The White House continues to reassure us that the economy is great and Bidenomics is working, but even more data is showing a different story.
Individual consumer spending is a big driver of the American economy, without high demand the economy stalls.
Now new information reveals that consumer spending is coming to a screeching halt, indicating there’s some serious economic pain ahead.
The economy prepares for a cool-down
The bank Wells Fargo recently sent a note to its clients, alerting them that the U.S. economy is getting ready to cool down considerably in the next few months.
While Americans once spent their money at a rapid pace, those days are soon to be over.
Wells Fargo senior global market strategist Scott Wren warned clients that retail spending will likely slow down in 2024 as the job market sees layoffs rise.
“Americans with jobs and money in their pockets are going to spend. However, as the economy slows as we move through the middle portion of this year and the labor market softens, we continue to believe that the holiday spending that occurred last year was a bit of a last hurrah for the consumer,” Wren wrote.
It was consumer spending that fueled America’s economic engine for the bulk of 2023, even while people faced extremely high inflation and high-interest rates.
According to a recent government report, the economy grew 3.3 percent in the fourth quarter, partially fueled by strong consumer spending numbers.
But the report also uncovered that many households are dwindling their cash reserves as personal savings fell from $851.2 billion in the third quarter to $818.9 billion at the end of the year.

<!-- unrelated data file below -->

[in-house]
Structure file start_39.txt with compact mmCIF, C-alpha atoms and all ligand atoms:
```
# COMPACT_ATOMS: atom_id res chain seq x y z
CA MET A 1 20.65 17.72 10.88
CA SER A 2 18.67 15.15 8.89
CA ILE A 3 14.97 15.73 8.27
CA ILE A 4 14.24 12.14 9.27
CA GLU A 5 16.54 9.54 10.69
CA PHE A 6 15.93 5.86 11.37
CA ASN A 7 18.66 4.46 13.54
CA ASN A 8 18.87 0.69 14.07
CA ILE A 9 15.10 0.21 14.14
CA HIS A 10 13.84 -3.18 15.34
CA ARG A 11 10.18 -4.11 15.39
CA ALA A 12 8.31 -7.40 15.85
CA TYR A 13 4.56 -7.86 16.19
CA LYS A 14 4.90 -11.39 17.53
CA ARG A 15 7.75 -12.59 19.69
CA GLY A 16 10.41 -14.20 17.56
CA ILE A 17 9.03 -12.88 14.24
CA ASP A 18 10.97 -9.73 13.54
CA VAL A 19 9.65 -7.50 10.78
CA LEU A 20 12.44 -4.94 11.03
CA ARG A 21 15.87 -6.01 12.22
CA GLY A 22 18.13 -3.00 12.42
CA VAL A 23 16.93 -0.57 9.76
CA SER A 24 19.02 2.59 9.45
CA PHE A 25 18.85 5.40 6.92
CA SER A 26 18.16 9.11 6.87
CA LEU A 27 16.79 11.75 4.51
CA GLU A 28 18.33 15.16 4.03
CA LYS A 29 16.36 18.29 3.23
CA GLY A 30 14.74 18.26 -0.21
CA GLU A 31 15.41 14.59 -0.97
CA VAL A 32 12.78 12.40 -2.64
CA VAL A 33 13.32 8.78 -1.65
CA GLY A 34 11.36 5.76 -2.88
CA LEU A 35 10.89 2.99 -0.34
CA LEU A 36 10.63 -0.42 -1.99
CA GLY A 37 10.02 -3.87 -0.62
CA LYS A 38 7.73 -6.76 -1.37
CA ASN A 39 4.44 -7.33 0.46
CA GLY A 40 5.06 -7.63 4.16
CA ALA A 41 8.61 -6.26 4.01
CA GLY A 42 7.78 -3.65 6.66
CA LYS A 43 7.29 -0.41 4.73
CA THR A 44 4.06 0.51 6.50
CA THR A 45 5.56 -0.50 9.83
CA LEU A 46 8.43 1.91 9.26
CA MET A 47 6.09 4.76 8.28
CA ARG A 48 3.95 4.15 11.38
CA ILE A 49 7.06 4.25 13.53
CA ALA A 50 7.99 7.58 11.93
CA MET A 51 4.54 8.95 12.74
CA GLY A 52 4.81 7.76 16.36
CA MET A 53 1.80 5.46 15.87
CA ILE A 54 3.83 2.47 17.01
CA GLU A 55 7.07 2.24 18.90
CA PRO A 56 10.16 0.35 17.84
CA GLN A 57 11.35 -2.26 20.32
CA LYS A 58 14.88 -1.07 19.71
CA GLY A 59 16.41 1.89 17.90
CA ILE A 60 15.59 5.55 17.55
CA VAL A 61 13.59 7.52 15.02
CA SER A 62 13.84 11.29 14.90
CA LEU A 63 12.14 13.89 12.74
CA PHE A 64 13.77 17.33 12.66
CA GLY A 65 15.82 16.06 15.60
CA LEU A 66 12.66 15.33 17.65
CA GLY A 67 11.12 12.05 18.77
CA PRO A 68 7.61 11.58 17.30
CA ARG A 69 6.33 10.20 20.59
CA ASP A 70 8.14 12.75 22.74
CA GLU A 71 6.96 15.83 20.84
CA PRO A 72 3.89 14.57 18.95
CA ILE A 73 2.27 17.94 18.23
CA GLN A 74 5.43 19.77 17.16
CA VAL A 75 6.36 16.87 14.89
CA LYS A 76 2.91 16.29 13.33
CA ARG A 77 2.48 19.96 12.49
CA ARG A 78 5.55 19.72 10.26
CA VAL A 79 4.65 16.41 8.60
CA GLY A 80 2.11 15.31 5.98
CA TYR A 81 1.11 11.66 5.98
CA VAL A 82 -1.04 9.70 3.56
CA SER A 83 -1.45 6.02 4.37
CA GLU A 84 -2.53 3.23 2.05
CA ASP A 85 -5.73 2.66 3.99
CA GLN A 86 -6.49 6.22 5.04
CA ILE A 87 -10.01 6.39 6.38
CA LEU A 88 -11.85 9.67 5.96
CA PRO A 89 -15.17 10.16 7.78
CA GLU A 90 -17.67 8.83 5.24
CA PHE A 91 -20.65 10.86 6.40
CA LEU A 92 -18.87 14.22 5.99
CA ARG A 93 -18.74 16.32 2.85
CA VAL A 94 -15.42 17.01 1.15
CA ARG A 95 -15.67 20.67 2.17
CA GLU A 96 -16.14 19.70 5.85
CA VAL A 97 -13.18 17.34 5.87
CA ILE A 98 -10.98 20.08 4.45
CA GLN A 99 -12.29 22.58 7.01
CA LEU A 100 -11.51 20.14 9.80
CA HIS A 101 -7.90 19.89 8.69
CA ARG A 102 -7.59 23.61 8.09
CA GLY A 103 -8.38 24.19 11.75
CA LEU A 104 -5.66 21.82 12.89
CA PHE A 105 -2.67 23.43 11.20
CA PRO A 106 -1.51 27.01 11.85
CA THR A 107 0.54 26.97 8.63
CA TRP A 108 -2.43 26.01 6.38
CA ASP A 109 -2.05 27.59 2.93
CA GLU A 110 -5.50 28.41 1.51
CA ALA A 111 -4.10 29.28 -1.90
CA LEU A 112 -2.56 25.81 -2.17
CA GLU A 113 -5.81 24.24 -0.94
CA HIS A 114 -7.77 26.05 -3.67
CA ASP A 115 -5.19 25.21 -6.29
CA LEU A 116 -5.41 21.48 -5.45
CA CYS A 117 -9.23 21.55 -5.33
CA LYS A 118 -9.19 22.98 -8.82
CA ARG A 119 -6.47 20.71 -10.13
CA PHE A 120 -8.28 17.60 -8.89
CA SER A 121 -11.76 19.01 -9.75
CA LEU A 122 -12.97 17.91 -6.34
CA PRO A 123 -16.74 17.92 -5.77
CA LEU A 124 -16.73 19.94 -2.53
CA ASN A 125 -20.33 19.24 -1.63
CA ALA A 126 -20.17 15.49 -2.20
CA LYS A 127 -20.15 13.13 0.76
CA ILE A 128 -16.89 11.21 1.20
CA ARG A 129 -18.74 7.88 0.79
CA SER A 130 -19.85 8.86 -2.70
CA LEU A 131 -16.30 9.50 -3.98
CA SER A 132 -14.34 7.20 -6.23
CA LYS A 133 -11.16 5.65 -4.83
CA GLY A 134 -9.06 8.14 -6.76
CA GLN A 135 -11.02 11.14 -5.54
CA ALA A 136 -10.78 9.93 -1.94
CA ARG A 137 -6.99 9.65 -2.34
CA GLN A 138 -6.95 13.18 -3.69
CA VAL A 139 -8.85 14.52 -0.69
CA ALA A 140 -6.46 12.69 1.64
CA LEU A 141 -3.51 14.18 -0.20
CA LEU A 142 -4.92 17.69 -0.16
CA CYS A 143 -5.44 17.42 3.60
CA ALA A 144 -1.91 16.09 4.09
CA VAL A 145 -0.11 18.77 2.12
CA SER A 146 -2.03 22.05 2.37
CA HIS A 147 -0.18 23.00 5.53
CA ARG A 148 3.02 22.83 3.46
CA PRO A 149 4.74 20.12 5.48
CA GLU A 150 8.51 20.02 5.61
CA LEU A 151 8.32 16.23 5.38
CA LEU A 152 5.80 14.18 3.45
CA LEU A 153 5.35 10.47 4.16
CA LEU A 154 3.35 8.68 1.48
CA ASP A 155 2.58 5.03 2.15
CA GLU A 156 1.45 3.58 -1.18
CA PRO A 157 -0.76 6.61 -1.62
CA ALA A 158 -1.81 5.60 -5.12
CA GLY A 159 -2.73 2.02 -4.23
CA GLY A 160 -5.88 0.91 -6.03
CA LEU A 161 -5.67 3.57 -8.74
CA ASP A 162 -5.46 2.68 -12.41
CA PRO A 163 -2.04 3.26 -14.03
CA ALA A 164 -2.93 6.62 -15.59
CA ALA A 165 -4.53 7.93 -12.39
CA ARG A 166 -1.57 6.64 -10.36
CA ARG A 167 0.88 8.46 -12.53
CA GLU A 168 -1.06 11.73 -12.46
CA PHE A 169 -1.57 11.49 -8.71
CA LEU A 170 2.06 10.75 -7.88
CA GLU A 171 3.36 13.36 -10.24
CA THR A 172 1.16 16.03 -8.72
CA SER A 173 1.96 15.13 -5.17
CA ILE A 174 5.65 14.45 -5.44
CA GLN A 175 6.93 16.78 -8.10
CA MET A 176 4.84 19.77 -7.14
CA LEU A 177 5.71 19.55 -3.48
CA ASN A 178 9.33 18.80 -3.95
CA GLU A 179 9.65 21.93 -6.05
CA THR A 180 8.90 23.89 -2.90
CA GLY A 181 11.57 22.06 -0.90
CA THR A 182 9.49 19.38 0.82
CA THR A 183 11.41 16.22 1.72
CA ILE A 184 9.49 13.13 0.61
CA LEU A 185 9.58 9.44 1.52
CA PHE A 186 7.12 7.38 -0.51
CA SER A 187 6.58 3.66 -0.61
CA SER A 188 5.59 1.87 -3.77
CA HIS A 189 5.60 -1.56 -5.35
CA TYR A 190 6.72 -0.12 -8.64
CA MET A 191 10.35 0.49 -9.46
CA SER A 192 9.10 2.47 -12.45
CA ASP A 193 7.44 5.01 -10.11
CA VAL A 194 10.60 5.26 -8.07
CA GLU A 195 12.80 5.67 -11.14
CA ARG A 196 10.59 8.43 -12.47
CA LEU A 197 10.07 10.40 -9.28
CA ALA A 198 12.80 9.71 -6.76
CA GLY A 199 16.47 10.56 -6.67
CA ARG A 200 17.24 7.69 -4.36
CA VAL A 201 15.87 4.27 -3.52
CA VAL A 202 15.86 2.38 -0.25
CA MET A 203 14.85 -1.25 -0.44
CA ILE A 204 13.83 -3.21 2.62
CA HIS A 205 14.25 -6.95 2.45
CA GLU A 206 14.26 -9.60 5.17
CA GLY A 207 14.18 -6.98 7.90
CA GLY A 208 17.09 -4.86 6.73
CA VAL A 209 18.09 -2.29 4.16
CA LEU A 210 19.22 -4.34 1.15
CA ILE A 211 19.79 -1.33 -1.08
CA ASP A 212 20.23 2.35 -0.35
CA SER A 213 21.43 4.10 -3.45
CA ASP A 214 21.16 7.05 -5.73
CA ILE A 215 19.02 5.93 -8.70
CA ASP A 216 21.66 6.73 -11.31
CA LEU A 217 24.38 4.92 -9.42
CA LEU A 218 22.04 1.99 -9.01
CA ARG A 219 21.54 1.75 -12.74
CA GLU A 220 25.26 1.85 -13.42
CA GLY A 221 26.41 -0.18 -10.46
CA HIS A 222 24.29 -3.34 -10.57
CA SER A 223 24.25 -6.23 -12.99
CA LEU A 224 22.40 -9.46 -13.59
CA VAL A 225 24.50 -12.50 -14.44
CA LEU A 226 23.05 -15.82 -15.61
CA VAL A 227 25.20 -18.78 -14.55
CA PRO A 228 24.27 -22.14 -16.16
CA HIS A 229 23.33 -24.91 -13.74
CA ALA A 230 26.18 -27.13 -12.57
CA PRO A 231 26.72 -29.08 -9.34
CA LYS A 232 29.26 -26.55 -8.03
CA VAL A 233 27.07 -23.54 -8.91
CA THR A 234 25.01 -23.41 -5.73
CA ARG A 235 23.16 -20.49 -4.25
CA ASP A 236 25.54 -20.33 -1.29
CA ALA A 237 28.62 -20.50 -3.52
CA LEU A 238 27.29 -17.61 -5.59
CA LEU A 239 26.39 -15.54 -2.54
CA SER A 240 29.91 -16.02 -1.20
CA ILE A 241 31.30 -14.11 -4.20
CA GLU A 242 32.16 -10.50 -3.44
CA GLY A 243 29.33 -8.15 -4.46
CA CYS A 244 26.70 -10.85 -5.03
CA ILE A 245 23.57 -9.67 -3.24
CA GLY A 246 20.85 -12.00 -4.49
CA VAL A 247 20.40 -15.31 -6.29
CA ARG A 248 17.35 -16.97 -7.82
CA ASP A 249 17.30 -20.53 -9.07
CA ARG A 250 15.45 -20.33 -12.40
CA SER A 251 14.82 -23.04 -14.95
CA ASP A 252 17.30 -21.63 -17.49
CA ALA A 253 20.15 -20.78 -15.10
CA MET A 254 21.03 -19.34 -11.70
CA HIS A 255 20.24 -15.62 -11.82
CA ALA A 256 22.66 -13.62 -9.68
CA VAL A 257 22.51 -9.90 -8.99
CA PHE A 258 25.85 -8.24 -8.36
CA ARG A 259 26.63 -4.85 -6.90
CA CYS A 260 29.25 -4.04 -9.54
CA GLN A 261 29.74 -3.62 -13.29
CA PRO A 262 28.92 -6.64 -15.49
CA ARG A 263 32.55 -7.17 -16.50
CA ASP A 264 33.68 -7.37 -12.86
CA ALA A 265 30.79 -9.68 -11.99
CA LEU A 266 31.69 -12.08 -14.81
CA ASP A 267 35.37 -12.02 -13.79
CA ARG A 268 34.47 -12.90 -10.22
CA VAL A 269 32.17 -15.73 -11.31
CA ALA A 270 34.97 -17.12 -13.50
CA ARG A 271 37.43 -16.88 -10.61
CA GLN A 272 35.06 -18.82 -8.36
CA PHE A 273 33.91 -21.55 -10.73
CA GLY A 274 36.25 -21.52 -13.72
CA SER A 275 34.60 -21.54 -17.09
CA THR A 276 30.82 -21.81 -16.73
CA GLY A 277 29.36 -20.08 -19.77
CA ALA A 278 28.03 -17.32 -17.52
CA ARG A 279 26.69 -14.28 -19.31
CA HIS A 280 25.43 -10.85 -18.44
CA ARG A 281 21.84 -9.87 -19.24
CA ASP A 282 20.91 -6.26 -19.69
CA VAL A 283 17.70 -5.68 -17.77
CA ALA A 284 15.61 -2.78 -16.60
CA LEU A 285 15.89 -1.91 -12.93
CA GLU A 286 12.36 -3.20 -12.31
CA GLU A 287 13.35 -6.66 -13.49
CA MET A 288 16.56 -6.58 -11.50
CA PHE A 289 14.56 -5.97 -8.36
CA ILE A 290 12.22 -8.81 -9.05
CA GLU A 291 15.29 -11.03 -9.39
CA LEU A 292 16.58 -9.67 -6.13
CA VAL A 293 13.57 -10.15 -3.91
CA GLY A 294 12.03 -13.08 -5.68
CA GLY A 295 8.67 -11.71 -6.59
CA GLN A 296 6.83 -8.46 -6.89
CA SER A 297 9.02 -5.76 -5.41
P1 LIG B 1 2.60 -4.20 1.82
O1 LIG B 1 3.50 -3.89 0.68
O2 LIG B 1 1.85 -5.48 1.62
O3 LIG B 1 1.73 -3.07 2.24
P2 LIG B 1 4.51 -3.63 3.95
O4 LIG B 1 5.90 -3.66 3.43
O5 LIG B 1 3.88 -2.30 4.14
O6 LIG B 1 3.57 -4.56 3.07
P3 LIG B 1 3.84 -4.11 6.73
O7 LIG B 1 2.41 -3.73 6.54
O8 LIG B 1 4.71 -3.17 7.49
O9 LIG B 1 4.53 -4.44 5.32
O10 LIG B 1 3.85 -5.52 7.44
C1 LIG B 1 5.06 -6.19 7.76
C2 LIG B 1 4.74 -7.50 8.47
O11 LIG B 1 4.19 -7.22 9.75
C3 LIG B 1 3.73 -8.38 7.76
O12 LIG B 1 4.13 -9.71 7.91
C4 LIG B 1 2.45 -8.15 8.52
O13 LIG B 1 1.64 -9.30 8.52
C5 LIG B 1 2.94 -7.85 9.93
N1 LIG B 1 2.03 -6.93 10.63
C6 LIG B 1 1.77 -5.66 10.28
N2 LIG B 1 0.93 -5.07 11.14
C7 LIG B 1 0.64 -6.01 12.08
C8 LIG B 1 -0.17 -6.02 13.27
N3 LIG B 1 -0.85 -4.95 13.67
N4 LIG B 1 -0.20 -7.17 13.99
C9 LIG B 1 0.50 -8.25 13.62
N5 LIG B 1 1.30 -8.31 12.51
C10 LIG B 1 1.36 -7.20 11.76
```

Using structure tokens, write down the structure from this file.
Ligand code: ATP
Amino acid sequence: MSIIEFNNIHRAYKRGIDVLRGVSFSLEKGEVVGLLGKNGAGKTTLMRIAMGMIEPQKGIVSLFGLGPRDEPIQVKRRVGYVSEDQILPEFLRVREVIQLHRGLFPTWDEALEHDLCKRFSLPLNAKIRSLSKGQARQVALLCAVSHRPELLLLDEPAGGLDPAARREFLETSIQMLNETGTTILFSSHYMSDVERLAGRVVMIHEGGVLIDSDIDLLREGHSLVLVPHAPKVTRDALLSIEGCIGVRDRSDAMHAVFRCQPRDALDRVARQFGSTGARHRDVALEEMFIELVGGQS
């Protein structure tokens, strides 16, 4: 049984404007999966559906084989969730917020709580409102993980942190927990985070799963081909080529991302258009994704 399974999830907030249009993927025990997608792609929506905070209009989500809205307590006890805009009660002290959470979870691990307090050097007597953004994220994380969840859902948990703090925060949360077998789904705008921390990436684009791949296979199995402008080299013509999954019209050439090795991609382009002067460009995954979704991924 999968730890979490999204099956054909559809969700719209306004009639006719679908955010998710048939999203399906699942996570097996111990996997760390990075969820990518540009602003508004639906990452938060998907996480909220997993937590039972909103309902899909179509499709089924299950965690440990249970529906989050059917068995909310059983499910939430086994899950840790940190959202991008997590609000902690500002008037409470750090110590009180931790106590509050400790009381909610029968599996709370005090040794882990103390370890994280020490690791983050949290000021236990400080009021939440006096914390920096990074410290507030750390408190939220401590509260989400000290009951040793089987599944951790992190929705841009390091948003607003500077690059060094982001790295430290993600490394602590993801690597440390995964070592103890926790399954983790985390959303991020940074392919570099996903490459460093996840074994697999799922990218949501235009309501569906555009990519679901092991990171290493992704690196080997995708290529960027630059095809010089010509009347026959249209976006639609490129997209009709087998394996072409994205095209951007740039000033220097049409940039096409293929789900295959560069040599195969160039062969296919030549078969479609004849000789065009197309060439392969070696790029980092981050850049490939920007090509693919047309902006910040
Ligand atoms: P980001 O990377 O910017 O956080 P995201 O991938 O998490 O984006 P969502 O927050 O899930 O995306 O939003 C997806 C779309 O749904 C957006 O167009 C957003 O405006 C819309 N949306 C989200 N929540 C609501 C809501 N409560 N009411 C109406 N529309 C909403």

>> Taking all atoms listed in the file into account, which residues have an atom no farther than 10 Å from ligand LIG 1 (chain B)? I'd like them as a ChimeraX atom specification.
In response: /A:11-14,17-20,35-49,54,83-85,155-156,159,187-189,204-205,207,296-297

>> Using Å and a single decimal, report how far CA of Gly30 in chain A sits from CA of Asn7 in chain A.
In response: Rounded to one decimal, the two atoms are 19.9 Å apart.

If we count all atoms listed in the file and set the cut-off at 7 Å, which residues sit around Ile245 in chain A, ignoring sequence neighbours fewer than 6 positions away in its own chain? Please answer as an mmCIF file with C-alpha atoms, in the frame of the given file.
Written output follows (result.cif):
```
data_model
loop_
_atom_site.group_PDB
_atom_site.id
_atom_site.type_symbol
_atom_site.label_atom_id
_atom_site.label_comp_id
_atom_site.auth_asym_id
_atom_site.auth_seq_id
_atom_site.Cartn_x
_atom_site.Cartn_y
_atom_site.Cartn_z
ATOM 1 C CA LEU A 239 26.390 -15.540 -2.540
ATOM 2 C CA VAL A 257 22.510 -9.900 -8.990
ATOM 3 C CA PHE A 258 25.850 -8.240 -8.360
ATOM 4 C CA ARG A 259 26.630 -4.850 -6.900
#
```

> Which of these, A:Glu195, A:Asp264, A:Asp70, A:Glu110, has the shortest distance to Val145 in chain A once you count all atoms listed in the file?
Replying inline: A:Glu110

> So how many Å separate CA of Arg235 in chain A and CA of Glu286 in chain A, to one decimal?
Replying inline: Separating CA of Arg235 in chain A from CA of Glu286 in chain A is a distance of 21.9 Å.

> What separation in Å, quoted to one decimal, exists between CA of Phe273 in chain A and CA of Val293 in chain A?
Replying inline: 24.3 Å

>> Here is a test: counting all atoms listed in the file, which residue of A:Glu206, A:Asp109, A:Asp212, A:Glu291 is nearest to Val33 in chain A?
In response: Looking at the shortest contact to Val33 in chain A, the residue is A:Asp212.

The personal savings rate, which measures peoples’ personal savings as a percentage of their disposable income, dropped to 4 percent.
Mike Reynolds, Vice President of investment strategy at Glenmede, said, “It appears consumers continue to be increasingly willing to tap their savings stream or borrow money to support spending levels. This is likely unsustainable as savings and lending are finite and should not be able to prop up the consumer in perpetuity.”
Debt is a bigger concern
While a slowdown in consumer spending is certainly one indicator of a cooling economy, debt is an even bigger source of concern.
U.S. household debt reached a record high of $17.3 trillion at the end of the third quarter, according to data from the Federal Reserve Bank of New York.
Part of that household debt included a whopping $1.8 trillion in credit card debt, which is the highest level ever recorded based on Fed data dating back to 2003.
While Americans did increase spending during the holiday season, many turned to credit cards to do so, all while prices on goods like cars, food, and gasoline rose by 0.6 percent in December.
To put things in perspective, a typical U.S. household had to pay $211 more a month in December to purchase the very same goods and services it did just one year ago thanks to high inflation.
Now, Americans are paying close to $1,020 more each month on average compared with the same time two years ago.
Informed American will keep you up-to-date on any developments to this ongoing story.